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Australia is ludicrously, irresponsibly, culpably, madly unprepared for any serious external national security emergency where the Americans don’t ride to our ­rescue. Lack of cargo ships and lax fuel security leaves Australia exposed


Take two critical examples: cargo ships, and fuel security.


Once we had more than 100 cargo ships flagged and or controlled by Australia. Now we have 13. That’s right, 13. Four of these are dedicated LNG tankers that will soon be replaced by foreign vessels.


By comparison, Britain, about two and a half times our population and with a similar standard of living to us, has something like 470 such vessels.


In the normal scheme of things, not owning anything can be a cheap way to operate. We are wealthy because of iron ore, coal and other bulk commodities. As a Harvard study showed, we are the simplest and least-sophisticated economy of any nation in the world at our standard of living.


We use our mineral wealth to pay for a services economy that ­finances good hospitals and well resourced universities. In both those we do some clever things. But as far as possible, we make nothing in Australia and buy it all from overseas.


Appalling industrial relations in our ports is one factor that killed our shipping industry. Therefore we need strategic government intervention. Every developed nation that has cargo ships does this. Barrett, who is on the board of Maritime Industry Australia Limited, says we could not in an emergency guarantee supply of our own fuel, pharmaceuticals, key agricultural products or many of the other things critical to a modern economy.


His views on this are shared by former deputy prime minister, John Anderson; Australian Industry Group chief Innes Willox; Australian Strategic Policy Institute head Peter Jennings; and ­indeed everyone else who knows the field that I spoke to.


Willox says we are perhaps more vulnerable to external shock than at any time since World War II.


Consider fuel security. Last week, we learnt we would lose ­another oil refinery, leaving us with a pitiful two refineries.


We have no strategic fuel reserve in Australia. According to the International Energy Agency, we are supposed to have 90 days reserve. But really I couldn’t care less about the IEA. It’s obvious if a crisis comes we would need a reserve in Australia.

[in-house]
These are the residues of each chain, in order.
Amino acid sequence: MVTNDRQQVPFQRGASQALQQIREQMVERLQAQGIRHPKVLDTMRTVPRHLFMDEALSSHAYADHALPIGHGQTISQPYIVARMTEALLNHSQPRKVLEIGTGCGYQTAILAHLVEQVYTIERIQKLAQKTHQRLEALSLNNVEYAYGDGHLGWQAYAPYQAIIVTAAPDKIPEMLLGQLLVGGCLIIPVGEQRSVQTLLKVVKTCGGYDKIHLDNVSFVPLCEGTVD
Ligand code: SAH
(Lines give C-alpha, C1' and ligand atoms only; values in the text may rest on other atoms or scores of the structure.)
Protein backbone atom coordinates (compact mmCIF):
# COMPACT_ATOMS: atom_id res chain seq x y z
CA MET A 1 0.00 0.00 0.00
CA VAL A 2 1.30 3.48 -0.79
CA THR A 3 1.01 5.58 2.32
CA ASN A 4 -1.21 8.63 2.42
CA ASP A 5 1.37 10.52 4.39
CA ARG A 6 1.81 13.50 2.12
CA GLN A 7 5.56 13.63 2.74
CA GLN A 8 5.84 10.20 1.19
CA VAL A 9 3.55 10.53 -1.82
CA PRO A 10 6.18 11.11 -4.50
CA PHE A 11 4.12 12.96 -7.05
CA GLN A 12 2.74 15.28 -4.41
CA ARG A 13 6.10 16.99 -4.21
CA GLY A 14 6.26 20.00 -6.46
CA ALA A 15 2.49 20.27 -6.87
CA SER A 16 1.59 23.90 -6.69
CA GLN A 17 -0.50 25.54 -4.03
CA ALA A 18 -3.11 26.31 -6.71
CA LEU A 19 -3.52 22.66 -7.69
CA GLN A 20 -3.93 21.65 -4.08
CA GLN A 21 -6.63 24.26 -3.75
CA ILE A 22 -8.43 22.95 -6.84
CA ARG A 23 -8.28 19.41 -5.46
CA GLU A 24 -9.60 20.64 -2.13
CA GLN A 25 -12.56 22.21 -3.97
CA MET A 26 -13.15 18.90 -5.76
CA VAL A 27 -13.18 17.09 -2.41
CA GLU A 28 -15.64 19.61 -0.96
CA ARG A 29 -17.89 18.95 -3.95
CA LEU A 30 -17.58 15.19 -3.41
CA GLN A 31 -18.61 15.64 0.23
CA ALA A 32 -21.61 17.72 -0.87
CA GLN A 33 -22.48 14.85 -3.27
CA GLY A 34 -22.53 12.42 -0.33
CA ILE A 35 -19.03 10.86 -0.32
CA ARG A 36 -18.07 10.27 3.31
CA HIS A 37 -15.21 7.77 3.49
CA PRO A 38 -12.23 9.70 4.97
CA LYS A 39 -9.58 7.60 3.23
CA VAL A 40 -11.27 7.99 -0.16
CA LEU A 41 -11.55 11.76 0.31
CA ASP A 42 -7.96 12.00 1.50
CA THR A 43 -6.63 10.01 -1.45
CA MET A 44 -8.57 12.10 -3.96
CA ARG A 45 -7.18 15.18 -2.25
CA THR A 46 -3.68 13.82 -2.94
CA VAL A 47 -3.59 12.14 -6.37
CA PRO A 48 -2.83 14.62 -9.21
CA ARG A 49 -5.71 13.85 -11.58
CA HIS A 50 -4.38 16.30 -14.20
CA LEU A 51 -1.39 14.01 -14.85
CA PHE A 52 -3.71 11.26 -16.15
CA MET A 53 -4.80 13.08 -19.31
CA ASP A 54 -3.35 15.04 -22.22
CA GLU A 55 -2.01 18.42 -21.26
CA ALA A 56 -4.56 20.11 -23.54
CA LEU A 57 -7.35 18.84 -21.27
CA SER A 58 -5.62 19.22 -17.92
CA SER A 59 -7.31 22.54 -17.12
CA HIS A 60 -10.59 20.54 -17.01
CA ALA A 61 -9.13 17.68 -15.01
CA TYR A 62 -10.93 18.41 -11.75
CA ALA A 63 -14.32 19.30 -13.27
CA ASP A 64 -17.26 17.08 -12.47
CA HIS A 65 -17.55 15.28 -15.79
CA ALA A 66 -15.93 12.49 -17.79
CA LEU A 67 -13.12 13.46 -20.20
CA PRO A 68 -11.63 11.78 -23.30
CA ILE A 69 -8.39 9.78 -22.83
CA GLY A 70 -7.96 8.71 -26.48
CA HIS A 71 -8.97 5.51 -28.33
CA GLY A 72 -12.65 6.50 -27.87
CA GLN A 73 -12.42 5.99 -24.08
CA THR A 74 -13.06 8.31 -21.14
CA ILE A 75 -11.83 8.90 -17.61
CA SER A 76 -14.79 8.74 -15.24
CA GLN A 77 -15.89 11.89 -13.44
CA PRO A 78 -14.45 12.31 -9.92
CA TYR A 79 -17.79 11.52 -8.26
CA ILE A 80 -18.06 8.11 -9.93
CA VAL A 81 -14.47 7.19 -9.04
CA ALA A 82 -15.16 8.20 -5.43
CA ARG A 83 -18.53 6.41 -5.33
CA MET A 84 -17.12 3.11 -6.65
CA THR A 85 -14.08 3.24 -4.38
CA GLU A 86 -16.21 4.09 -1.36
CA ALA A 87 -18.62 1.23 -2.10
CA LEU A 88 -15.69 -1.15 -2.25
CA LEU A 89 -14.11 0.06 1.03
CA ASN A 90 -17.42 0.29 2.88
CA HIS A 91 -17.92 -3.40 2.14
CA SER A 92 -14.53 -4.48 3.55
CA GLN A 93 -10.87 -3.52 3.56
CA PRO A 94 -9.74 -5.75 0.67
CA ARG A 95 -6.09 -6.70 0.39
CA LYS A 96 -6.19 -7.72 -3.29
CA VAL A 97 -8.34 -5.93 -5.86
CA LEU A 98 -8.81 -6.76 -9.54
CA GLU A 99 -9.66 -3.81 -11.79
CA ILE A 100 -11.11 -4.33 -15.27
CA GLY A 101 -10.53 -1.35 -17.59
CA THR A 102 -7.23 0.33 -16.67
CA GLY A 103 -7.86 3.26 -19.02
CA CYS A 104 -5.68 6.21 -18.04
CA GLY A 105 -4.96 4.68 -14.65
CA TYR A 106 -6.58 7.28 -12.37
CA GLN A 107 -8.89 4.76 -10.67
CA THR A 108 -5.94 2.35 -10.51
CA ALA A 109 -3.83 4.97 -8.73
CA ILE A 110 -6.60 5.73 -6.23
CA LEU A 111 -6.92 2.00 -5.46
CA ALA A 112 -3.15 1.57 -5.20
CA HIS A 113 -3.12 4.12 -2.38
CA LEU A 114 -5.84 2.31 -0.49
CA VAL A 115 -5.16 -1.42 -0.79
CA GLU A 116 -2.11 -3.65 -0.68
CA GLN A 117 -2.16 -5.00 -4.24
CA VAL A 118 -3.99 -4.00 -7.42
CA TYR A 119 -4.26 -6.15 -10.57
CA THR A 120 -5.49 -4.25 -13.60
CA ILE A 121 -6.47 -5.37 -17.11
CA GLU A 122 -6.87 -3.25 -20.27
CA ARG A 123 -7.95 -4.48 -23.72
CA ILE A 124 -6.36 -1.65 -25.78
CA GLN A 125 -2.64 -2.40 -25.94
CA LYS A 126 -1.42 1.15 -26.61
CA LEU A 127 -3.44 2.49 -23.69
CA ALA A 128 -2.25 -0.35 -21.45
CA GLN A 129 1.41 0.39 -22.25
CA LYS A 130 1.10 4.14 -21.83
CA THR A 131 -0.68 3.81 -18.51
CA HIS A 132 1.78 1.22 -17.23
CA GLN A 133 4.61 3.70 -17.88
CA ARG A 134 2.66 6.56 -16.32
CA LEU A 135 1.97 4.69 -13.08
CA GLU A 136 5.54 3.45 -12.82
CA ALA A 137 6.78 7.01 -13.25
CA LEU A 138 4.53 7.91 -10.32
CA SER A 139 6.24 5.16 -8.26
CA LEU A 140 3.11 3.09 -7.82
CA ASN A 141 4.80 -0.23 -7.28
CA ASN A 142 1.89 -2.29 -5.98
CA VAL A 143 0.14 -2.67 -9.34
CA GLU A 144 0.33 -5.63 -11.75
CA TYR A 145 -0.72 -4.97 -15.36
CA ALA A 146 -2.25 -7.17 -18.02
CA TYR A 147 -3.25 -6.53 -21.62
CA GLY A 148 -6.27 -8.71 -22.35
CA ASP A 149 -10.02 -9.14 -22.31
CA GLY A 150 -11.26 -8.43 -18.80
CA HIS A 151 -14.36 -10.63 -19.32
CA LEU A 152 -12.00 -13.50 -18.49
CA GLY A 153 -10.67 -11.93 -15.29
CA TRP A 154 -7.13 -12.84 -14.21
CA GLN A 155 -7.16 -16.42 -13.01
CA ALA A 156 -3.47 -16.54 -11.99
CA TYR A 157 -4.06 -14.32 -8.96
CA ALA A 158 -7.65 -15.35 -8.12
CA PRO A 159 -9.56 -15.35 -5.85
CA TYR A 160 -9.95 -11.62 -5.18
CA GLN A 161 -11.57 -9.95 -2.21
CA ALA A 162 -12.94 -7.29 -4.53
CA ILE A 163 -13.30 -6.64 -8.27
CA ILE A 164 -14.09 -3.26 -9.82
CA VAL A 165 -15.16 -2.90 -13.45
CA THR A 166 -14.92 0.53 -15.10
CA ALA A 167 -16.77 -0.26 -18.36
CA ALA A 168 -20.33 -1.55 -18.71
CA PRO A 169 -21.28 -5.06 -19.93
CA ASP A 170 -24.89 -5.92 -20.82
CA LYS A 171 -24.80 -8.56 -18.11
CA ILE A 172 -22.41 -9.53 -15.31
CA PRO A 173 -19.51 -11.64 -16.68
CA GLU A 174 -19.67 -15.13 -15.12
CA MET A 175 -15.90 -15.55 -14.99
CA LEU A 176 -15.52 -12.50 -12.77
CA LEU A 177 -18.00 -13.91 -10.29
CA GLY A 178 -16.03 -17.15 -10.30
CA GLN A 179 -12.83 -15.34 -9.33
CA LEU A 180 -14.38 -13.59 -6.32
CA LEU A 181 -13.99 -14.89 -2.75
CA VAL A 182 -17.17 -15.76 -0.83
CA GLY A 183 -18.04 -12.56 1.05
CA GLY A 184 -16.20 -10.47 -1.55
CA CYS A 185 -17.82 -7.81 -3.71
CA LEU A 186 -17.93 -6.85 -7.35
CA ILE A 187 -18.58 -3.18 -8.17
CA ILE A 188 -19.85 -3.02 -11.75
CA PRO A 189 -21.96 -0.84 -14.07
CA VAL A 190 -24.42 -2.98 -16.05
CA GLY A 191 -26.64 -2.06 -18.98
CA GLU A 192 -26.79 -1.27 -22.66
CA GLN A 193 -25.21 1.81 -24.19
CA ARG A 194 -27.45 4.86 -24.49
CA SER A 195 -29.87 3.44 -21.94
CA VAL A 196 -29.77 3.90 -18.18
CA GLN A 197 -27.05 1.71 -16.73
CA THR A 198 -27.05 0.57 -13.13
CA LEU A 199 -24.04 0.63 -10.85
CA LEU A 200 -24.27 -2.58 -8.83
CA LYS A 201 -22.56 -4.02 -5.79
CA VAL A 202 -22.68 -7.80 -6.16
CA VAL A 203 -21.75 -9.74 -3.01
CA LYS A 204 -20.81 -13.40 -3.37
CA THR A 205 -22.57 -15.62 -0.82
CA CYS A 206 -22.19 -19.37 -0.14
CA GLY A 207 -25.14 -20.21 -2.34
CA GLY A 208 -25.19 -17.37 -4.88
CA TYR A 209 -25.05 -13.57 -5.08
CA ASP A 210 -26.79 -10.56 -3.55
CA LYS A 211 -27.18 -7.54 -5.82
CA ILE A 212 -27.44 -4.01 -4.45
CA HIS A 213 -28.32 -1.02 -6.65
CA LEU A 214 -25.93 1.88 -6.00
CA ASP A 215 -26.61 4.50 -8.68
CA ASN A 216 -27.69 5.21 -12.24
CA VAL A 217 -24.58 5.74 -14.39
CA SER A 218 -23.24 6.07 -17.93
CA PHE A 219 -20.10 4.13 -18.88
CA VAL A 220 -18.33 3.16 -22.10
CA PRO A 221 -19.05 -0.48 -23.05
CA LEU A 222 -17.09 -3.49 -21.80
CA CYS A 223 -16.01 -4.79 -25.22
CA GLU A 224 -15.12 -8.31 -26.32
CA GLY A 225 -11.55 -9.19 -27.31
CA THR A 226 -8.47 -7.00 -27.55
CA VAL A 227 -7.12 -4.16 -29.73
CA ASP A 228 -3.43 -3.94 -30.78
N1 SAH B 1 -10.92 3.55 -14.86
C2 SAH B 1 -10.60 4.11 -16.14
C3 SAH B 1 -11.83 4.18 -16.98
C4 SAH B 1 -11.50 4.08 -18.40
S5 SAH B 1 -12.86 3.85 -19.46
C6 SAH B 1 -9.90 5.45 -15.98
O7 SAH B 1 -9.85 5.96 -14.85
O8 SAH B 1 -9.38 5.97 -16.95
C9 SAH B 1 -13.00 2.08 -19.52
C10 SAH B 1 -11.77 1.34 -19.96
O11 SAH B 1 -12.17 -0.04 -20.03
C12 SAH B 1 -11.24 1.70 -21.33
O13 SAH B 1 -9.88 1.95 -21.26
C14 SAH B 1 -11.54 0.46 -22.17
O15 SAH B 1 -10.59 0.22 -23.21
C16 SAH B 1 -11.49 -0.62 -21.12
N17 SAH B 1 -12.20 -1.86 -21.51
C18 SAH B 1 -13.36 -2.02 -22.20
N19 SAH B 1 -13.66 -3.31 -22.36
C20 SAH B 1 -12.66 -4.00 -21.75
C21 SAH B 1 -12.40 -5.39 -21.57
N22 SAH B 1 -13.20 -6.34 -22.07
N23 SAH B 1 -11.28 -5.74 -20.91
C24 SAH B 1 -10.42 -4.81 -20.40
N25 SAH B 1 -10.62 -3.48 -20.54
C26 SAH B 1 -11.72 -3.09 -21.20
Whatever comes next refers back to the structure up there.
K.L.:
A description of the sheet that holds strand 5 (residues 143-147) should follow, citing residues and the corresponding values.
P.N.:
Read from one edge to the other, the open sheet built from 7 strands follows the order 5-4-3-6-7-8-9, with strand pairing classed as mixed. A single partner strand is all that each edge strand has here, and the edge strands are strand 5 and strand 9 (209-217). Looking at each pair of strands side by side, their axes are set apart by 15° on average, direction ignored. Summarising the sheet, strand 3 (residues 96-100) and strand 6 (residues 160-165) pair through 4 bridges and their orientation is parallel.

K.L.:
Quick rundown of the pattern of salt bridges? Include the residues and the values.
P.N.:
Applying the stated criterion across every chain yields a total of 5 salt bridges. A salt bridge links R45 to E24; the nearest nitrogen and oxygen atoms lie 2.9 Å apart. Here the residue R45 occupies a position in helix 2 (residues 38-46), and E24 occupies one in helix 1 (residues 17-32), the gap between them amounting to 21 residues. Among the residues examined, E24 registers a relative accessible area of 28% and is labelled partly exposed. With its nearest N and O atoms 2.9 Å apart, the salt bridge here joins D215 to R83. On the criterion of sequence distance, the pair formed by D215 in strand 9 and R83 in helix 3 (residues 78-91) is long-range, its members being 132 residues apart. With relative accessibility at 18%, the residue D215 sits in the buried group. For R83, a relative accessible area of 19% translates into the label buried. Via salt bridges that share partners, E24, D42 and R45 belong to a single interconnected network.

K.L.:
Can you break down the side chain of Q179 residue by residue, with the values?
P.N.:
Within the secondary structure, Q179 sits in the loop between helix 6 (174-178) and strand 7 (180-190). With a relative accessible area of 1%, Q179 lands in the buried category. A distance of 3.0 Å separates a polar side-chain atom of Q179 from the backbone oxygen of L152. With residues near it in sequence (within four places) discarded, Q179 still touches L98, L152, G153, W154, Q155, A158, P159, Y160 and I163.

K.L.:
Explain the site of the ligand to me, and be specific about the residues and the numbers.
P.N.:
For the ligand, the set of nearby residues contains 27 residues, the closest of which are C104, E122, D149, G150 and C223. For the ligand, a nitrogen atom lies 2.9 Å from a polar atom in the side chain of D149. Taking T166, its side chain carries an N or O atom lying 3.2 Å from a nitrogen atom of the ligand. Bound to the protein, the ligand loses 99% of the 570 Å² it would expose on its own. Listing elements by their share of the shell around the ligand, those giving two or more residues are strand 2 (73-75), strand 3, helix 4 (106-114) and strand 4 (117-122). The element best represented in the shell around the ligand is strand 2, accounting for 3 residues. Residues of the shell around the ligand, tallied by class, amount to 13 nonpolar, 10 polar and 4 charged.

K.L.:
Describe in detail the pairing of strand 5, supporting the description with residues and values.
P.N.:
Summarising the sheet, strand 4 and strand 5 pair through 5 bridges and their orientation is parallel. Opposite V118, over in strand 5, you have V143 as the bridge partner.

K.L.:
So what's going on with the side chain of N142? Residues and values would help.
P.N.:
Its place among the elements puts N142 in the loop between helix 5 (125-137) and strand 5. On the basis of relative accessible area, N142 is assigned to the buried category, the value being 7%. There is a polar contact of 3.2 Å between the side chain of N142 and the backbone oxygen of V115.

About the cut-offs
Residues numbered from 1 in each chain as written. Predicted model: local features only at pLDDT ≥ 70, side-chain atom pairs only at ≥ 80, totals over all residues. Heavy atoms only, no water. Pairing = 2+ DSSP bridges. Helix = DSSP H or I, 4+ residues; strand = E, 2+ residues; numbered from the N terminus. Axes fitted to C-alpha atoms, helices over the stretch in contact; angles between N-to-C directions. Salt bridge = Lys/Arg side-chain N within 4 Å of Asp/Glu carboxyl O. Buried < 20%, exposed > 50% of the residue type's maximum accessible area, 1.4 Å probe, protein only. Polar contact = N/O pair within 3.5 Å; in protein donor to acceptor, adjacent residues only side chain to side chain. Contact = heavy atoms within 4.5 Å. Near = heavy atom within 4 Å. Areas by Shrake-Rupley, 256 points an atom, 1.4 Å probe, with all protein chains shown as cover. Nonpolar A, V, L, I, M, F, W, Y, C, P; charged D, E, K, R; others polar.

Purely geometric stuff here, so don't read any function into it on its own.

Ninety days is no more than a useful benchmark for the obvious, incontrovertible and strategic common sense: we need a strategic fuel reserve in Australia.


Again, this contradicts free market theory. It’s cheapest to do everything “just in time”. So why store fuel, when that costs money? It’s cheaper to buy it just in time, every time. Well, of course, in the real world you might get a pandemic-induced disruption much worse than COVID. Or a colossal natural disaster. Or, most likely of all, geo-strategic and military disruption.


Nearly a year ago, Energy Minister Angus Taylor announced that he had bought us a fuel reserve. And where is it? In the US of course, because we don’t have any storage capacity.


Remember again that since 2013 we have had a national security-focused conservative government in Canberra. And then remember that 15 years ago we had eight refineries, one year ago we had four, and soon we will have two. At the same time as we bought our US-based reserve, which is only of use to us if there is no emergency, that is to say in circumstances where we won’t need to use it at all, Taylor also announced we would build storage facilities in Australia; fuel farms.


So one year later, how’s that going?


You’ll be pleased to hear that a grants process is in train to see if folks will apply for a government grant in order to get paid to build a fuel farm.


One of the drollest observations on our national security was that in the time we take to write a defence white paper, China conquered and militarised the South China Sea. We are happy campers in a row boat notionally chasing an ocean liner disappearing over the horizon.


Despite all the government’s many counting and accounting tricks, we have a little more than three weeks supply of most types of fuel. Even when, or if, the fuel farms are all built, we still won’t keep a 90-day reserve supply onshore but a good deal of that will be in ships on the oceans….”